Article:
Sands gives this example of their planning: We will finance a dentist; we will give her working capital for her to grow her business.  Now, a family wants to buy braces for a couple of thousand dollars.  She can offer financing for the braces to her customer.  We give her the money up front, so she doesn’t have to worry about cash flow.  We do what we do best, which is lend money and collect the payments.   We think this is going to be fairly enterprising program for African American businesses in our community.”  He says it’s not a new idea; if you’re a baby boomer it was called layaway, Gen X & Z called this 0% credit and Millennials, they now call it buy now, pay later.  We call it whatever marketing calls it, and for this generation, it’s called buy now, pay later.  But we do think it will be a phenomenal resource; were just trying to help small businesses.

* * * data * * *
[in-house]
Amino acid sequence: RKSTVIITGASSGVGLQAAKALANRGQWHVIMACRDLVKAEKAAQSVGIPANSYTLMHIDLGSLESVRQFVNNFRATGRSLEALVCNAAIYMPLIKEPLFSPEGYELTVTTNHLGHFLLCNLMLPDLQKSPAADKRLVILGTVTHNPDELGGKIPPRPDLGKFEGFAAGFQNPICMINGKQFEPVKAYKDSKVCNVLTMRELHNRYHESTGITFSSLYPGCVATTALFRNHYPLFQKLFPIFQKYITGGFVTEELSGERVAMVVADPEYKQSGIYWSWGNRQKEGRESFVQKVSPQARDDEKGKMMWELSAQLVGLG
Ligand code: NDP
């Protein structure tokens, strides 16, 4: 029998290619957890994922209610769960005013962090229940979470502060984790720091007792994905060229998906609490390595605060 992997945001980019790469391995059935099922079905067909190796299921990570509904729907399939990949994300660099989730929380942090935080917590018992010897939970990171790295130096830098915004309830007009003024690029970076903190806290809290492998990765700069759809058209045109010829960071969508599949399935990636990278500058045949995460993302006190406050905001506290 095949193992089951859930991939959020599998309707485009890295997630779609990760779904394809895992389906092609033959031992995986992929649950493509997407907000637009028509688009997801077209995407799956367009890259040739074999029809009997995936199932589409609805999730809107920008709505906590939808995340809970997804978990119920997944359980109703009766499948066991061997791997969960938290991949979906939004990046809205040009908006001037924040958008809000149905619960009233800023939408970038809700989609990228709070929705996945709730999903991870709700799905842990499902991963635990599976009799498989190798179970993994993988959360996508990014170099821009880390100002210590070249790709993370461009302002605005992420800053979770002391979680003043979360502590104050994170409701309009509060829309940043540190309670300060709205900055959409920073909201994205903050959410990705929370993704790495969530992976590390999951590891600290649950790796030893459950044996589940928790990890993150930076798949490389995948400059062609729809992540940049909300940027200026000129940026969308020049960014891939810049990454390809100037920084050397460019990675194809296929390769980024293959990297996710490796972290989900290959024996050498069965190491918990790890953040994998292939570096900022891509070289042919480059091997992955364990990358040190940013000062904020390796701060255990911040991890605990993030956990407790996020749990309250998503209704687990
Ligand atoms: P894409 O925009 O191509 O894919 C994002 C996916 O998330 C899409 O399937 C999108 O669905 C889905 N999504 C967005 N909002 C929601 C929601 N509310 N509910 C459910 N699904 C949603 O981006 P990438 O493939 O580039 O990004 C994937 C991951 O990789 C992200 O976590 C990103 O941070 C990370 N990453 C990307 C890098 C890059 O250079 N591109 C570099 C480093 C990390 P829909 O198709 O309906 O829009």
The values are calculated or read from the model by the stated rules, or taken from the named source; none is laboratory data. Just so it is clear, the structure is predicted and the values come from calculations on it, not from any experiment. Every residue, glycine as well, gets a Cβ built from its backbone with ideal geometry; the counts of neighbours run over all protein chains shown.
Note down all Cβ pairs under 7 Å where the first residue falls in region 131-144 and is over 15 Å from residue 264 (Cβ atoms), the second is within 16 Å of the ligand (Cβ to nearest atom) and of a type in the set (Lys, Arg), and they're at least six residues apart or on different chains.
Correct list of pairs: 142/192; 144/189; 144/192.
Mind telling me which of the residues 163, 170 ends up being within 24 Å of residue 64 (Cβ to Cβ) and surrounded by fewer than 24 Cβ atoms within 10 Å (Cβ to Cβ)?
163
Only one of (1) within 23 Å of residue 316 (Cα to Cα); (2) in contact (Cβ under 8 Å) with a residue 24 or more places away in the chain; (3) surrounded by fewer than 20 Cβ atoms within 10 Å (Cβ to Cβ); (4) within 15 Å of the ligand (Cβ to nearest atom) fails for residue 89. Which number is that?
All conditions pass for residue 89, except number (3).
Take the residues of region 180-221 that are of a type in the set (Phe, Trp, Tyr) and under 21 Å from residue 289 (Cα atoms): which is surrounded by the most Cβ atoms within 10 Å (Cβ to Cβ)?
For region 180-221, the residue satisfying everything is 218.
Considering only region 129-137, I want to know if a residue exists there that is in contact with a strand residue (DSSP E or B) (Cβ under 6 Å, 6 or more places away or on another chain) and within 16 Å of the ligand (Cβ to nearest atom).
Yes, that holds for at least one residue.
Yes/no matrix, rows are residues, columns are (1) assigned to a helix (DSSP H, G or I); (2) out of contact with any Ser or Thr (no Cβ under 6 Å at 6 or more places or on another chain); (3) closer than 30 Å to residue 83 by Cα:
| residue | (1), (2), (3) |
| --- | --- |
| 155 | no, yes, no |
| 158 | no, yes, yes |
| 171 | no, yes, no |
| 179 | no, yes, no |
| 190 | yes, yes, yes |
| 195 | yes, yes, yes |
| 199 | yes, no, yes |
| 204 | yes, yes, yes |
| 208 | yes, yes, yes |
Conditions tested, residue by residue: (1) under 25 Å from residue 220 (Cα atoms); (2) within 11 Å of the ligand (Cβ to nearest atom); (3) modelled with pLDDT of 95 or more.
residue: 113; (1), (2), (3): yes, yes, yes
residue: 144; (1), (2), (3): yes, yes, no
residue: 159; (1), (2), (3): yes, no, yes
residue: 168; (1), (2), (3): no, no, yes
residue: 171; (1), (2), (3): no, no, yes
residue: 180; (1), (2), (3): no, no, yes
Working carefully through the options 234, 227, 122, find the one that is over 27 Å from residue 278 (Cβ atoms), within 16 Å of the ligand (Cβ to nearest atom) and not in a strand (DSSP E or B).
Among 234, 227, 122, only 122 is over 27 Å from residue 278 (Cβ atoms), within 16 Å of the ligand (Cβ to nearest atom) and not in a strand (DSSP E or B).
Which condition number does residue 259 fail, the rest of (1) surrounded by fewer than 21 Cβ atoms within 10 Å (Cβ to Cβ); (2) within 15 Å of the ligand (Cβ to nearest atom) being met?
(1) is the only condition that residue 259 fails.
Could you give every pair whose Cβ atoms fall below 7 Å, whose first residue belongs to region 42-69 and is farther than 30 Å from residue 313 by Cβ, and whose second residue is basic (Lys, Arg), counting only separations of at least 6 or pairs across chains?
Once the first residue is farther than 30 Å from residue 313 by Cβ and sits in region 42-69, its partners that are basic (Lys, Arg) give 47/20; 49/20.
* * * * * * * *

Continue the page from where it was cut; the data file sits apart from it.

Sands says that he has a never stop, never give up approach to Lendistry.  He points out that the tradition PPP has closed.  He says that the only lenders still loaning PPP funds are CDFI’s.  He says when people asked if he was going to close his PPP program he said, “Absolutely Not.  My grandfather may still be out there looking for help, so If I have to stay up later, if we have to work harder, I have excepted and accepted that task.”